Mark Weinberg (MSJA ’84) is court administrator of Florida’s Seventh Judicial Circuit. He received the National Association for Court Management’s Award of Merit at the Association’s 2019 annual conference in Las Vegas.
Jim Sandidge (JD/MBA ’85) of Belmar, New Jersey, received the Investments and Wealth Institute’s 2020 Journal Research Award, which honors the author of an original article that represents the best writing for the previous year germane to the investment management consulting and/or private wealth-management professions for his paper, “Chaos and Retirement Income.” He previously earned the 2017 Journal Research Award for Adaptive Distribution Theory.
Betsy (Webb) Johnston (MSA ’89) of Bozeman, Montana, has published “Gaku’s Question: How Can Everyday People Create Peace? 108 Global Responses for Creating Peace Every Day.” The book features people from 40 countries offering their thoughts on peacebuilding. A daily intention helps readers take action toward creating peace in their own lives.
Brett Yates (BSBA ’91) has been named acting executive director of Los Angeles-based Michelson Found Animals Foundation, a leading animal welfare nonprofit with a mission of saving pets and enriching lives. Yates has served as MFA’s chief operating officer since 2018 and has spearheaded a number of groundbreaking initiatives, including the Better Neighbor Project, which partners with human service organizations to develop programs that support homeless and other underserved communities and their pets.
Mary Thrower (JD ’92) has retired from her position as a district magistrate judge in Kansas’ 28th Judicial District, where she managed the juvenile-offender and child-in-need-of-care dockets.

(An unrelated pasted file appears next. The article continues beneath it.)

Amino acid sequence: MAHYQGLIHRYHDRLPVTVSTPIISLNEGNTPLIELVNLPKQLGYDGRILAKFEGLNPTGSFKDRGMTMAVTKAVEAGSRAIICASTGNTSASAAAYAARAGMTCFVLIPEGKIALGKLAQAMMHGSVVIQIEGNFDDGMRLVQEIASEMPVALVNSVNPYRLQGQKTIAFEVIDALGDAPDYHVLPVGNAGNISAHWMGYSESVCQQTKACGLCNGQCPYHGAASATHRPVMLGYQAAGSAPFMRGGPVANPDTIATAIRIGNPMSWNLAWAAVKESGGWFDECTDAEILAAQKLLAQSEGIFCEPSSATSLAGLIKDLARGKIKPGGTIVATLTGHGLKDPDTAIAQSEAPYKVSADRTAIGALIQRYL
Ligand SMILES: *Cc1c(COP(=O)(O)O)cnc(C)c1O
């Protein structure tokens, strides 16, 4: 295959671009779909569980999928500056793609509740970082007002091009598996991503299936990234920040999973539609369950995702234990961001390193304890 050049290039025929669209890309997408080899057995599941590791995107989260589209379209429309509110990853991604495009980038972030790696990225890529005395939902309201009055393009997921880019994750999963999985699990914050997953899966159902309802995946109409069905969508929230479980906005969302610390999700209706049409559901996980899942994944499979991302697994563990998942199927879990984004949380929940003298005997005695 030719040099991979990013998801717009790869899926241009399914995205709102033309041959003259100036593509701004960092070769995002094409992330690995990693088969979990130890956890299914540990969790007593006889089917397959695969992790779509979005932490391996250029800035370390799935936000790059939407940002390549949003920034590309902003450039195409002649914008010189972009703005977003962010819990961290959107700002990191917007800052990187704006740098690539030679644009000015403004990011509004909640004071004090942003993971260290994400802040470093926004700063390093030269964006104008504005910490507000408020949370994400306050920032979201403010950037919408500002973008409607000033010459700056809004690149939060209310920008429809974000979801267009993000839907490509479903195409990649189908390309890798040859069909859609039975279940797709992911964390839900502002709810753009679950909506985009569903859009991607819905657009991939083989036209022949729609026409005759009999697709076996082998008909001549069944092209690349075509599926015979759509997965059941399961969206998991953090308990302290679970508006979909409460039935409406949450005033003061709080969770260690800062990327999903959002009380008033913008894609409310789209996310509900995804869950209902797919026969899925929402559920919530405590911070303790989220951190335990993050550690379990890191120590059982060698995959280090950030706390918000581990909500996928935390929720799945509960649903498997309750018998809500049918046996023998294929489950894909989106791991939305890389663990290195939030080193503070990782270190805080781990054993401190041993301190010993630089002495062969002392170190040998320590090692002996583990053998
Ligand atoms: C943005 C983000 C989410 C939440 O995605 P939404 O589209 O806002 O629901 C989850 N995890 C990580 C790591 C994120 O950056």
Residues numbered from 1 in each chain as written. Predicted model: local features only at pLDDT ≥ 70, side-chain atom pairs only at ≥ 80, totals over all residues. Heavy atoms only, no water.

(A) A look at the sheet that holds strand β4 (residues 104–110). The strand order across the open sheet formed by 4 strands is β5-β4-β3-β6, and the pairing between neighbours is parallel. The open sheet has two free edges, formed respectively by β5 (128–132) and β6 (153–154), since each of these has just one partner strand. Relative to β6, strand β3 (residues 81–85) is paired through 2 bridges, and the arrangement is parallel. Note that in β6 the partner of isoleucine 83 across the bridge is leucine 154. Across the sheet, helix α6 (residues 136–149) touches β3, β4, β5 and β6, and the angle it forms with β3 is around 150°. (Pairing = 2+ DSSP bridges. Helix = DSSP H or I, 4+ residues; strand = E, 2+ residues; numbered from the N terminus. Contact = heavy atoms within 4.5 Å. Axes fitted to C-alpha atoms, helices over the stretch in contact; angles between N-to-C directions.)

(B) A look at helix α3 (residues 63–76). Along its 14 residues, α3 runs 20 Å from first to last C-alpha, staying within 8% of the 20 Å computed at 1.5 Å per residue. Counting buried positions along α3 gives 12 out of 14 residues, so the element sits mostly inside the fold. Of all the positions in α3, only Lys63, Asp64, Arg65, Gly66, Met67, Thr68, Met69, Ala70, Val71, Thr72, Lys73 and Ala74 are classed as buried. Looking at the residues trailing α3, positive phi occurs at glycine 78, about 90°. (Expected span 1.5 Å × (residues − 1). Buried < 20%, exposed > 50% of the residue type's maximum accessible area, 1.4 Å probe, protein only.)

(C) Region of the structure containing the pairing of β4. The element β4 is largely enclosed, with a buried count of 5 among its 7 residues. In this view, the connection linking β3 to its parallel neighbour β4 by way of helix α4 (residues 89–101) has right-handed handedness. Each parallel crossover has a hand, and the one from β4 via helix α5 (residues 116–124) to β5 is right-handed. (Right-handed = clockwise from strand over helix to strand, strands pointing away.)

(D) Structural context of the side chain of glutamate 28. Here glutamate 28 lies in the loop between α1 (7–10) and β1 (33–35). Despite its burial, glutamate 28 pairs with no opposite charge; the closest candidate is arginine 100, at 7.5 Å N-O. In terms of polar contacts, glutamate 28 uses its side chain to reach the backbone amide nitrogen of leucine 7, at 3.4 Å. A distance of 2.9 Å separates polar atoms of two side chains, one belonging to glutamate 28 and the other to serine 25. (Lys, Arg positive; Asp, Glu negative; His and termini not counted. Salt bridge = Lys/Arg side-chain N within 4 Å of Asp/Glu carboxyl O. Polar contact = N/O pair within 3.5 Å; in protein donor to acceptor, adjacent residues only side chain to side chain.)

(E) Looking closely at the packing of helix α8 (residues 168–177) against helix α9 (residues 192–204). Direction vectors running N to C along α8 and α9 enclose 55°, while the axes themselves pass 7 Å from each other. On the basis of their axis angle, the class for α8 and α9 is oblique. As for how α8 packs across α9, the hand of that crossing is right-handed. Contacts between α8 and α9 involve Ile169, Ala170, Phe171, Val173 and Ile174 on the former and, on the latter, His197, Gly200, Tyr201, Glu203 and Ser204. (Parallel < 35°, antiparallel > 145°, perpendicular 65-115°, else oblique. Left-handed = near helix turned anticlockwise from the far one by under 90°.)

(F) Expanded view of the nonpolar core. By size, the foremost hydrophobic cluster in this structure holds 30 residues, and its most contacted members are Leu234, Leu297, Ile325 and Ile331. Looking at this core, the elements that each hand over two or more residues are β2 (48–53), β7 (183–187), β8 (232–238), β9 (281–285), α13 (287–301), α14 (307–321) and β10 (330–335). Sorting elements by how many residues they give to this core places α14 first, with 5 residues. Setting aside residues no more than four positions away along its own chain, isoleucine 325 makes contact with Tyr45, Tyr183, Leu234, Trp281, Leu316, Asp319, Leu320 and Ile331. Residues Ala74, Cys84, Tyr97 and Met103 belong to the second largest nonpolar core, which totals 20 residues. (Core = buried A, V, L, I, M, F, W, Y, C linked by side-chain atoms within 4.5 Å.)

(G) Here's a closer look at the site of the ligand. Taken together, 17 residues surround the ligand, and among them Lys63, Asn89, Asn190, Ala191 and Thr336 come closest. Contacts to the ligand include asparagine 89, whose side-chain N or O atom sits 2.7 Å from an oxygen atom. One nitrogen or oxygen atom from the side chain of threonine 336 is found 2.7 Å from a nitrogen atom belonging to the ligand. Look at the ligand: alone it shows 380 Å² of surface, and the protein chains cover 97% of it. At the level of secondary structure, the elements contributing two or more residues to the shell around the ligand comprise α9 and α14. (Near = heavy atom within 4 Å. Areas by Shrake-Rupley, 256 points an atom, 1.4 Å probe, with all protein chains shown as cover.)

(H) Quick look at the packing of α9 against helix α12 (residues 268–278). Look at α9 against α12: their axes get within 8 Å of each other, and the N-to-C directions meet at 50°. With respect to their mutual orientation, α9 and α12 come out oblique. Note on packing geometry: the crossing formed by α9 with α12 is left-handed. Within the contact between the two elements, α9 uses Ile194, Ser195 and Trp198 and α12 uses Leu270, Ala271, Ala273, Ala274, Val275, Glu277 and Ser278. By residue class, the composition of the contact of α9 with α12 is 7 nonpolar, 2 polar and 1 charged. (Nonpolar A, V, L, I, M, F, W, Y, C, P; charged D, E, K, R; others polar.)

Karmen Keup (BSBA ’97) has been named executive director and branch manager of the Sarasota, Fort Myers and Bonita Springs, Florida, branch offices within UBS Wealth Management USA. Over the years, Karmen has spearheaded initiatives for women’s career advancement within UBS. In 2019 and 2020, she was one of the UBS delegates at the MAKERS Conference, a global leadership event for people in finance, business and tech to accelerate women’s equality.
Michael McNeal (MA ’00, PhD ’09) is author and co-editor of “European/Supra-European: Cultural Encounters in Nietzsche’s Philosophy” (De Gruyter, 2020), a collection of essays examining myriad aspects of German philosopher Friedrich Nietzsche’s views of Europe and the world beyond it. In both English and German, the volume’s contributors analyze Nietzsche’s thinking about the decadence afflicting 19th century Europe, the meaning of Nietzsche’s “good Europeanism” and its significance for the continent’s future. McNeal’s first book, “U.S. Approaches to the Arab Uprisings,” recently was released in paperback. The volume includes contributions from Eric Fatter, Nicholas Jackson and Amentahru Wahlrab, also affiliated with the Josef Korbel School of International Studies.